Agent Interviews

I was a Contributing Editor for the blog, Guide to Literary Agents, over at WritersDigest.com.

For more than 90 years, Writer’s Digest has been publishing books, magazines, competitions, conferences and distance education materials for writers who want to polish their skills and hone their craft. The Guide to Literary Agents Blog is one of biggest blogs in publishing and it receives over 100,000 page views monthly.

I want to help you find the agent you’re looking for. That’s why I’ve listed my Literary Agent Interviews here. These interviews hold amazing insider tips perfect for any writer who’s looking to break into publishing:
-Covers non-fiction book proposals, chapter one mistakes, and how writers can build their platform.
-Covers non-fiction books, YA, and query pet peeves
-Covers a wide-range of fiction and nonfiction as well as how the role of an agent is changing.
-Covers Young Adult, Middle Grade, Children’s books, and when authors can expect to get paid.
-Covers women’s fiction, commercial fiction, YA as well as self-publishing
-Covers almost everything you could think of and he discusses the YA future market.
-Covers a multitude of books with, “writing that has depth,” and what writers are doing wrong at conferences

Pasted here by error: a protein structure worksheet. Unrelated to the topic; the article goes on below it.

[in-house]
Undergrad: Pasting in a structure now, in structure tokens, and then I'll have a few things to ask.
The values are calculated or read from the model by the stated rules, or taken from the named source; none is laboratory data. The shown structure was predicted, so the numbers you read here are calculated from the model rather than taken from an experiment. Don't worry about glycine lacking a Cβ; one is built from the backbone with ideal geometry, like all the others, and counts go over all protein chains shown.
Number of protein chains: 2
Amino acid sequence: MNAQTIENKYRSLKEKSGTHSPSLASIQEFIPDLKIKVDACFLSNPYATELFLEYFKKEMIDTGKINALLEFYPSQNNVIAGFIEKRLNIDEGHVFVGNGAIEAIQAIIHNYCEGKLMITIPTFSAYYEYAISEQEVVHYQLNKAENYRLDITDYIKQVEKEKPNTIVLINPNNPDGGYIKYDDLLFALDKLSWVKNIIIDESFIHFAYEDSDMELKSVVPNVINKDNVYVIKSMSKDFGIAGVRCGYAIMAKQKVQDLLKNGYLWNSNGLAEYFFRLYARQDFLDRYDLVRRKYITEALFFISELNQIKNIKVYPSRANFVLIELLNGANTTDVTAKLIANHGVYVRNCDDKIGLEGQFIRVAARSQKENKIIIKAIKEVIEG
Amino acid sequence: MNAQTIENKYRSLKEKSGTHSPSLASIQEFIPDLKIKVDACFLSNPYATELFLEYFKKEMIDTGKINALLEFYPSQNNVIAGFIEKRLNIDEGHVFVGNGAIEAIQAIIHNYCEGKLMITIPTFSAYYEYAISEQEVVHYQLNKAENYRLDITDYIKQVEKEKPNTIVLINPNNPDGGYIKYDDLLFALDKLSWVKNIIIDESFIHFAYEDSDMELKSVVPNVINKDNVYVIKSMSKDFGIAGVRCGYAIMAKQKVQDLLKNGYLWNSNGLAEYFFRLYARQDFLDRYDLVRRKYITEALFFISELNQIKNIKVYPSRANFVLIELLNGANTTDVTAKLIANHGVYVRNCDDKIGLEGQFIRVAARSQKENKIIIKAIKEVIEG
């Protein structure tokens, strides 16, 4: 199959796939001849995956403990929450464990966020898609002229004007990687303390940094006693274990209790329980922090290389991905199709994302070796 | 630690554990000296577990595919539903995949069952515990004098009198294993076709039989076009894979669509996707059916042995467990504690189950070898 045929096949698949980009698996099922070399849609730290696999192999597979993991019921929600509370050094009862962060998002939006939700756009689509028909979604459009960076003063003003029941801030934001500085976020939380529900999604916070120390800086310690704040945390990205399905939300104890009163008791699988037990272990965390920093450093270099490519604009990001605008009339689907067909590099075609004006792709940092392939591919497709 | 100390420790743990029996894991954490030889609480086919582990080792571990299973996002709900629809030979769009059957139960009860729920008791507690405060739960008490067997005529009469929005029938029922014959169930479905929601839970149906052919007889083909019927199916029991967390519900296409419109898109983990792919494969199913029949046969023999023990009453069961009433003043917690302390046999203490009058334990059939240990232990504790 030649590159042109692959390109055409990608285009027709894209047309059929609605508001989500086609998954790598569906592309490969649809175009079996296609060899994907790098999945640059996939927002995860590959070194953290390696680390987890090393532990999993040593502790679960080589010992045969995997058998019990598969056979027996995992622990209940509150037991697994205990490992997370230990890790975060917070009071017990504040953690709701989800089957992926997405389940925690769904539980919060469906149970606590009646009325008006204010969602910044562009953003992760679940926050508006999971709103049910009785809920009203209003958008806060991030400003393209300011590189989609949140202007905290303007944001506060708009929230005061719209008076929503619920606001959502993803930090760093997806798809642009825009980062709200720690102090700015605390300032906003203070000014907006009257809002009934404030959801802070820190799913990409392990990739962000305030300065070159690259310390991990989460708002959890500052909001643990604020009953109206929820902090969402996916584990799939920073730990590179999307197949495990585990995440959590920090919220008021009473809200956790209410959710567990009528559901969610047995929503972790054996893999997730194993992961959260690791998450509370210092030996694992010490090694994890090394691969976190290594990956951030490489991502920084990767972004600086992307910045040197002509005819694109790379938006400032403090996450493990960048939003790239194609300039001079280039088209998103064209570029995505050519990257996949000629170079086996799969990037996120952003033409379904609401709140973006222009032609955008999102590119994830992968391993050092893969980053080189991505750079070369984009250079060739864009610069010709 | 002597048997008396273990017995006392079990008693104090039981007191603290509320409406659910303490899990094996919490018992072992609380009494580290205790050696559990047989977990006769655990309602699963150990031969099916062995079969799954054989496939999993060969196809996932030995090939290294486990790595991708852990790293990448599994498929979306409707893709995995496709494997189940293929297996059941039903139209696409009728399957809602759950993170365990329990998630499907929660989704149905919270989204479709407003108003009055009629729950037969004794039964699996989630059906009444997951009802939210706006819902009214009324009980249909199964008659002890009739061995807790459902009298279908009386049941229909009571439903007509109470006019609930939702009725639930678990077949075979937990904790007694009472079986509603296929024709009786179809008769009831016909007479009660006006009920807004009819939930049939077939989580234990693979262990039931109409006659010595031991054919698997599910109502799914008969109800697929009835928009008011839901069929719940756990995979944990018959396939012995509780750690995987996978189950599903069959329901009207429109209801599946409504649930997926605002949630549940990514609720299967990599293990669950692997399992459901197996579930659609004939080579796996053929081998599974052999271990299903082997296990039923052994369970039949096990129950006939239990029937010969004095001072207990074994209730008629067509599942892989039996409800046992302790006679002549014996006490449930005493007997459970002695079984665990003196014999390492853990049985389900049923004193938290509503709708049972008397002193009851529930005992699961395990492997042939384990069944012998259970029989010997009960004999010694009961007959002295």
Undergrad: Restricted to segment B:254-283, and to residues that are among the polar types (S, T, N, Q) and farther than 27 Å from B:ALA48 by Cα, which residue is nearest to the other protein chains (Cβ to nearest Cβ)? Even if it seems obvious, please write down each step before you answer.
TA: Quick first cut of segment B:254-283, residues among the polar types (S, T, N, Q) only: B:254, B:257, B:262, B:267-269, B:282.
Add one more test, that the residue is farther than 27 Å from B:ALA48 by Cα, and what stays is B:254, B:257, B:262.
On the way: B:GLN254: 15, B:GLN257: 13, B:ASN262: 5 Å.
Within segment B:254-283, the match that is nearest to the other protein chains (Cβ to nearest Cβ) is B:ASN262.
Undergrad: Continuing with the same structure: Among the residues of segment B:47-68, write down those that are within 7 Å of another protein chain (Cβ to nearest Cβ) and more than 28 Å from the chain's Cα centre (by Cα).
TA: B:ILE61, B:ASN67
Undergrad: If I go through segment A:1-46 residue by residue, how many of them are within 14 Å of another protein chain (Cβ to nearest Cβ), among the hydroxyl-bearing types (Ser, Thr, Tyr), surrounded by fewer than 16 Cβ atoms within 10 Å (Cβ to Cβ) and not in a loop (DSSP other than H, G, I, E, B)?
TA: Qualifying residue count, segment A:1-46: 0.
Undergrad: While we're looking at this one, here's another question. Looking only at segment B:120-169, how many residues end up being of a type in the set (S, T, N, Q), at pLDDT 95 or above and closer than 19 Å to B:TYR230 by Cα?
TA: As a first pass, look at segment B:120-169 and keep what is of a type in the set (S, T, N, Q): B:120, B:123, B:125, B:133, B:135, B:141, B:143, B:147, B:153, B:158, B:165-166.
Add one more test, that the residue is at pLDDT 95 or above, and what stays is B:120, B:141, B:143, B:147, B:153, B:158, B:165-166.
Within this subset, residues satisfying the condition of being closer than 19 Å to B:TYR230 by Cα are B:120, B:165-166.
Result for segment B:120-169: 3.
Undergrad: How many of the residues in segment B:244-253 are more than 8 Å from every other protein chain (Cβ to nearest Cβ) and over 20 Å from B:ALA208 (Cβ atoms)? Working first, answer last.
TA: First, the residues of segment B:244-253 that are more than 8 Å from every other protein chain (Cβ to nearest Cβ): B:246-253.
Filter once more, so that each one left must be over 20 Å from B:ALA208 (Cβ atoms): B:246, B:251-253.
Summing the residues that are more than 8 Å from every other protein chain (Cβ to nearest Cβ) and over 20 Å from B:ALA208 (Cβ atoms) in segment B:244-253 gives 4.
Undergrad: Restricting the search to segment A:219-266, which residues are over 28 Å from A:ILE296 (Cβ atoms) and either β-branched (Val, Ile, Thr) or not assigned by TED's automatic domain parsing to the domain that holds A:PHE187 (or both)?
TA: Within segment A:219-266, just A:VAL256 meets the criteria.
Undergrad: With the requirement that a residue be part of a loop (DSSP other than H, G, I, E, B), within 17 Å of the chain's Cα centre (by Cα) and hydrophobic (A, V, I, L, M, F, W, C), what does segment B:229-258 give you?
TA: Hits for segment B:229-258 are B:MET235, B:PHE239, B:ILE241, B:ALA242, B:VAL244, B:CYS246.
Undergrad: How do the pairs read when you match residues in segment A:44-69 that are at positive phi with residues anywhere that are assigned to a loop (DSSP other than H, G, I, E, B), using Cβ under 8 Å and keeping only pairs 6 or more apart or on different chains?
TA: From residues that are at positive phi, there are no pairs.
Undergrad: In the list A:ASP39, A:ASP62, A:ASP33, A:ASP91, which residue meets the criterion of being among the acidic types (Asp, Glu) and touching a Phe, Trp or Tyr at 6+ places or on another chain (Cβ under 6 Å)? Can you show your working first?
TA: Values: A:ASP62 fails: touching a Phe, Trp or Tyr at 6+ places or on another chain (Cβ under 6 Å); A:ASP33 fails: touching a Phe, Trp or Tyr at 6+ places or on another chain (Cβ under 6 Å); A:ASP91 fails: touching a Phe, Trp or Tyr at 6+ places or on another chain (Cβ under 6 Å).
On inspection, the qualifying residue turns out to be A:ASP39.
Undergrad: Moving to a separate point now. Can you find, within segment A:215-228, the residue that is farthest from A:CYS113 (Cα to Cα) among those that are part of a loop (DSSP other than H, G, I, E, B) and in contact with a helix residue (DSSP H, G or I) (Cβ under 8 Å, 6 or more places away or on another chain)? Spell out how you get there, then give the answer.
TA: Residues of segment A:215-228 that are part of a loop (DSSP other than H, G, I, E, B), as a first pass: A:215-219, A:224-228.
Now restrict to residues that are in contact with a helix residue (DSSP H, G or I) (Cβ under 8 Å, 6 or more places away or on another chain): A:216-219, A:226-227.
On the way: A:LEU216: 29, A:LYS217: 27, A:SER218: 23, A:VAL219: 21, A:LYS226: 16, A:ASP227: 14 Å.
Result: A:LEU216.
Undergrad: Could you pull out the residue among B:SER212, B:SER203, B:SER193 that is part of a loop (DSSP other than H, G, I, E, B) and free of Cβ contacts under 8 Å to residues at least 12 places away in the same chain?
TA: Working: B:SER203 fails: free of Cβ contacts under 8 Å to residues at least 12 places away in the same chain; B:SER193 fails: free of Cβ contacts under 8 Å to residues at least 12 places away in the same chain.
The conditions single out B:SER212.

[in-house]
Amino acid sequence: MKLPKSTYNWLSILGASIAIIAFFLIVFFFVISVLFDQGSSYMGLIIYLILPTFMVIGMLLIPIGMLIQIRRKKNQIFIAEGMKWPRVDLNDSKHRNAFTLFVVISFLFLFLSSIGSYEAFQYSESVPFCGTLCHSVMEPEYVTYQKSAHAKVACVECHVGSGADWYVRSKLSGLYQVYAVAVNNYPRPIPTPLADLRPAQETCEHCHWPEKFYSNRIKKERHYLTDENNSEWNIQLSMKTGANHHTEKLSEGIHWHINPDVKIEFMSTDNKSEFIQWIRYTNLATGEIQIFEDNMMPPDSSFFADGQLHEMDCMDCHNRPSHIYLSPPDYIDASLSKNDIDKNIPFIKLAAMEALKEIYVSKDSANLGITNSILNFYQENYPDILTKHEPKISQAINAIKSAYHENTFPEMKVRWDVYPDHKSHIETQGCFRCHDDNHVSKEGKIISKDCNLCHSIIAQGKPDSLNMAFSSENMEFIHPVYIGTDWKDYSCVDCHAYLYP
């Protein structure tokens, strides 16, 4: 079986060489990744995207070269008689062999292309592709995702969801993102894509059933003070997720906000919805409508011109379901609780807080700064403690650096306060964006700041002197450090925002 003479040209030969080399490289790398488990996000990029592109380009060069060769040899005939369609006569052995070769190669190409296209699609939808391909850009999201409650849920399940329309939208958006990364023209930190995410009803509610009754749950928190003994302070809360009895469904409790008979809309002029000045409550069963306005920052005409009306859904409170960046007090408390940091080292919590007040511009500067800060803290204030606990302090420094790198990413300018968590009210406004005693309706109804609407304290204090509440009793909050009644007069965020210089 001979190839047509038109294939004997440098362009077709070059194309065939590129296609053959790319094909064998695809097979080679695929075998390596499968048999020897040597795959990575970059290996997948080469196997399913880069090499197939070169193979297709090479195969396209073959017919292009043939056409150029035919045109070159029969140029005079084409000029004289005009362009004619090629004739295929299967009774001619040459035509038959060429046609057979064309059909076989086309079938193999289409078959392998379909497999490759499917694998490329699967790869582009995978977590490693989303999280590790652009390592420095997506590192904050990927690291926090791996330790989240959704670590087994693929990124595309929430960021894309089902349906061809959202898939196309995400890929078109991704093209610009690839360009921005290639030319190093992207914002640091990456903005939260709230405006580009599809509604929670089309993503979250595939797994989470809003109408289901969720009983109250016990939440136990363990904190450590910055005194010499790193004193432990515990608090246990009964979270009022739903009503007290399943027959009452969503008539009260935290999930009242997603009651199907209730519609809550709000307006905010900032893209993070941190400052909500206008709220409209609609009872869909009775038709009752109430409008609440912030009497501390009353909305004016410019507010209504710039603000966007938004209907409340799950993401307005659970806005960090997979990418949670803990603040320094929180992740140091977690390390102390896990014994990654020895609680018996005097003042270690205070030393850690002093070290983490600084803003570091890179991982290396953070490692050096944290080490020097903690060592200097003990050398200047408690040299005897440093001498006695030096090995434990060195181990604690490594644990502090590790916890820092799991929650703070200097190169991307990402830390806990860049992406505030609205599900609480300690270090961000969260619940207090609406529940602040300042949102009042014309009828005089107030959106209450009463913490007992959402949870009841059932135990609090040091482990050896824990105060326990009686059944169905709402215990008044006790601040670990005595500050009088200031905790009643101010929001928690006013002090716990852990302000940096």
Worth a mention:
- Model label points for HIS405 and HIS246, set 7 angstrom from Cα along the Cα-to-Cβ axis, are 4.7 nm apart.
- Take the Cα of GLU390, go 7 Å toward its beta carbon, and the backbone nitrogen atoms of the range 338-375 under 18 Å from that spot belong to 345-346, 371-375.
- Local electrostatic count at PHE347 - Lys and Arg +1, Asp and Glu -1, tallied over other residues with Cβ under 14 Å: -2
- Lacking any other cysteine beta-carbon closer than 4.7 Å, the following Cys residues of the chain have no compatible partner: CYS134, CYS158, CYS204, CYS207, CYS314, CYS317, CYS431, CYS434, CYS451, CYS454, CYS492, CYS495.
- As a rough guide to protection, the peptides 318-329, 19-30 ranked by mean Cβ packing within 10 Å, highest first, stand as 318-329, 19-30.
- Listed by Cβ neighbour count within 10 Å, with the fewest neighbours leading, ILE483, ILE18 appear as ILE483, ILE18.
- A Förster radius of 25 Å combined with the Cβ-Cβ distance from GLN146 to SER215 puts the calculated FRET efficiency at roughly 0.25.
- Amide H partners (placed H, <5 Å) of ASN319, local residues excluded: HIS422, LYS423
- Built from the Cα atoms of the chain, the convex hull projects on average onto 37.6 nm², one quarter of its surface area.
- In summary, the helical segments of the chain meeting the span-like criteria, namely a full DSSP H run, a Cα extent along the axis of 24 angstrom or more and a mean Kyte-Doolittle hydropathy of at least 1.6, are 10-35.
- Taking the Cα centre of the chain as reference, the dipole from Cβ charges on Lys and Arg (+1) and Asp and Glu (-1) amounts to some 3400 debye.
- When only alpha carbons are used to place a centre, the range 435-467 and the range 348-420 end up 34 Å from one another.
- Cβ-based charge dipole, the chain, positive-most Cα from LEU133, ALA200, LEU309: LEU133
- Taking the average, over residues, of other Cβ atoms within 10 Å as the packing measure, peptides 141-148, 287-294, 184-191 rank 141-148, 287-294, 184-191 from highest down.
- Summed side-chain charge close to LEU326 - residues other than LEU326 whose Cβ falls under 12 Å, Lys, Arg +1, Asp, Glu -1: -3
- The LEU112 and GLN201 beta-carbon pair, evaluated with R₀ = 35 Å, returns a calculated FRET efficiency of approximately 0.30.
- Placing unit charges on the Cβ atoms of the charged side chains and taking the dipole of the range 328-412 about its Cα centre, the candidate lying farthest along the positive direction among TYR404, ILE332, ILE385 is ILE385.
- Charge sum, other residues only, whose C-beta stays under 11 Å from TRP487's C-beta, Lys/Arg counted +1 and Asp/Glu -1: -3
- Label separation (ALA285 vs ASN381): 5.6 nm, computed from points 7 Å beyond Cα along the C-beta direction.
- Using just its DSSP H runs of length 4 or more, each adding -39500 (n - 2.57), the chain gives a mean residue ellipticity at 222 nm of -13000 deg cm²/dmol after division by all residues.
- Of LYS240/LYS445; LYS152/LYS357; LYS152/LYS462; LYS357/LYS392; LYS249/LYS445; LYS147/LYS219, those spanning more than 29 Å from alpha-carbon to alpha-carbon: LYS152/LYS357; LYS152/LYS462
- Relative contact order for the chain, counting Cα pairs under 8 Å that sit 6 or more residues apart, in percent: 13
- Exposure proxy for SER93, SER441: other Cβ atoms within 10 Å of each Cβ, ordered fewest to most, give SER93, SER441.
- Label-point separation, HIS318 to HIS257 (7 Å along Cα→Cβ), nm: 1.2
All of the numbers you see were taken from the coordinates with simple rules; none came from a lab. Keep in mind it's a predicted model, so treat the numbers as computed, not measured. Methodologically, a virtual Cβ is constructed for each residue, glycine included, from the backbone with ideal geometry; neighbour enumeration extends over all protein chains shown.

-Covers literary, commercial fiction, especially YA, urban fantasy, multicultural fiction, and women’s fiction
-Covers commercial fiction and nonfiction as well as discusses why she loves working with first-time authors
-Covers nonfiction works and YA, thriller, international fiction categories and 3 tips for writing YA
-Covers Mystery/thriller, SF/fantasy, romance, YA, memoir, humor, pop culture and more plus 3 tips for effective crime fiction
-Covers young adult, middle grade books, and picture books nonfiction and fiction (especially literary fiction) and author platform
-Covers  literary fiction, commercial fiction, YA, smart thrillers, historical fiction, and why you should be in a writing group
-Covers almost everything in terms of fiction and what he is looking for in terms of dark fiction
-Covers middle grade and YA novels in a range of genres as well as one thing she’s sick of seeing in queries
-Covers many nonfiction categories and fiction historical, thriller, mystery/crime as well as discussing traditional publishing and self-publishing

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